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adj. un·world·li·er, un·world·li·est
1. Having or showing little understanding of the ways of the world; naive or impractical: "an unworldly scholar, who ruined his eyesight and his health through the single-minded study of the details of Greek syntax" (Roy Harris).
a. Not of this world; spiritual or supernatural: "ghosts and other unworldly forms of life" (Patrick Jones).
b. Suggestive of another world, as in being bizarre or eerie: "the unworldly jagged terrain of a recent lava flow" (Michael Crichton).

un·world′li·ness n.
American Heritage® Dictionary of the English Language, Fifth Edition. Copyright © 2016 by Houghton Mifflin Harcourt Publishing Company. Published by Houghton Mifflin Harcourt Publishing Company. All rights reserved.


nWeltabgewandtheit f; (= naivety)Weltfremdheit f
Collins German Dictionary – Complete and Unabridged 7th Edition 2005. © William Collins Sons & Co. Ltd. 1980 © HarperCollins Publishers 1991, 1997, 1999, 2004, 2005, 2007
References in classic literature ?
The same unworldliness was what had necessitated Angel's getting a living as a farmer, and would probably keep his brothers in the position of poor parsons for the term of their activities; yet Angel admired it none the less.
Walter Pater (1839-1894), an Oxford Fellow, also represents distinctly the spirit of unworldliness, which in his case led to a personal aloofness from active life.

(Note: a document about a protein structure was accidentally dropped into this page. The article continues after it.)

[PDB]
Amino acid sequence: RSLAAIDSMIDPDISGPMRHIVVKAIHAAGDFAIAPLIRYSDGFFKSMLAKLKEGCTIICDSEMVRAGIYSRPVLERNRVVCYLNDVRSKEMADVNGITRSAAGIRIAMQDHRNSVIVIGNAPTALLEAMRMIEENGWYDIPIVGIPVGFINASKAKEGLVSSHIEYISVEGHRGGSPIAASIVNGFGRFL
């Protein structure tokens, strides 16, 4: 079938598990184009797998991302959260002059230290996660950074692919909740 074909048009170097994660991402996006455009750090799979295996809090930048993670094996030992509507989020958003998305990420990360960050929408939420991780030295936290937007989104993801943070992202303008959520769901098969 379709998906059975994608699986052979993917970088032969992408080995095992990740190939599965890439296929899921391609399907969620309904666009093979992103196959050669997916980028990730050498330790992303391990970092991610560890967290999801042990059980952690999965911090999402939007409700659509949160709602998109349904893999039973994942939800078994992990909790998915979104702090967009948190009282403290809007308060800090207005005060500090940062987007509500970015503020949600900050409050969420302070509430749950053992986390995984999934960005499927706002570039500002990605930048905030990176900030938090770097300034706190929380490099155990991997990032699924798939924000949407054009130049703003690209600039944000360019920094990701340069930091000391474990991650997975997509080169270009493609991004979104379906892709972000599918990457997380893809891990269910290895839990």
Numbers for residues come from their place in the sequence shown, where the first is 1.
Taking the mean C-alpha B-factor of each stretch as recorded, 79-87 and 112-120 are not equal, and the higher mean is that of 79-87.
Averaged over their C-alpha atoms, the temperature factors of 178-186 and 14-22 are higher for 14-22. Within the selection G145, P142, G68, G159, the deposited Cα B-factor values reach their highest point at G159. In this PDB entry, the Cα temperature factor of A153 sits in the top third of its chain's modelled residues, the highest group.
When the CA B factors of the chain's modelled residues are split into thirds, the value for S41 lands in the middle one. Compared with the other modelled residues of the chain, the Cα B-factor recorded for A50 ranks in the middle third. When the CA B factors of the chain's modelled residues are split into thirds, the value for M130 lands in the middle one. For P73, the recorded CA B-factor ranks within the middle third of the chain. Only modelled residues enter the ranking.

Mann pinpoints "a gigantic incarnation" of "the enigma in the character and the destiny of [the Germans]" in none other than Martin Luther's "inwardness and unworldliness." (24) These twin traits explain the dangerous "anti-political servility" in both Luther and his modern compatriots.
The opening sequence portrays a society that has lost meaning and purpose: an 'urban dystopia of guns, drugs, conspicuous consumption and civic breakdown' (14) that exists in contrast to the Utopian unworldliness of Romeo and Juliet's love.
To the degree to which one such node manages to acquire worldliness, it sentences other nodes to unworldliness.
Trump is the quintessential symbol of the merging of a warlike arrogance, a militant certainty, and as self-absorbed unworldliness in which he is removed from problems of the real world.
Baker records his hatred of 'the sound of man' and his desire to 'let the human taint wash away in emptiness and silence as the fox sloughs his smell into the cold unworldliness of water' (2005: 144, 10).
Like North, he worked hard at maintaining his aristocratic status--"nobility was a career at which men and women had to work," Bunker wryly observes--but here, again, his "unworldliness" and his innate tendency to confuse "the New Testament's teachings with those of his own social class or party" stripped him of the capacity to do the hard political thinking required to solve the American problem.
When meeting Adam in person, Fiona finds him smart, clever, and innocent: "Adam's unworldliness made him endearing, but vulnerable" (112).
FOR me there was a touch of unworldliness about him, an unreason that could lead to the most extraordinary expectations.
What perhaps most influentially Elisabeth Young-Bruehl, Arendt's semi-official biographer, has characterized as her "youthful unworldliness" (Young-Bruehl 2006:22) turns out to be, at a closer look, an early engagement in particular with the concepts of the "world" and "worldliness".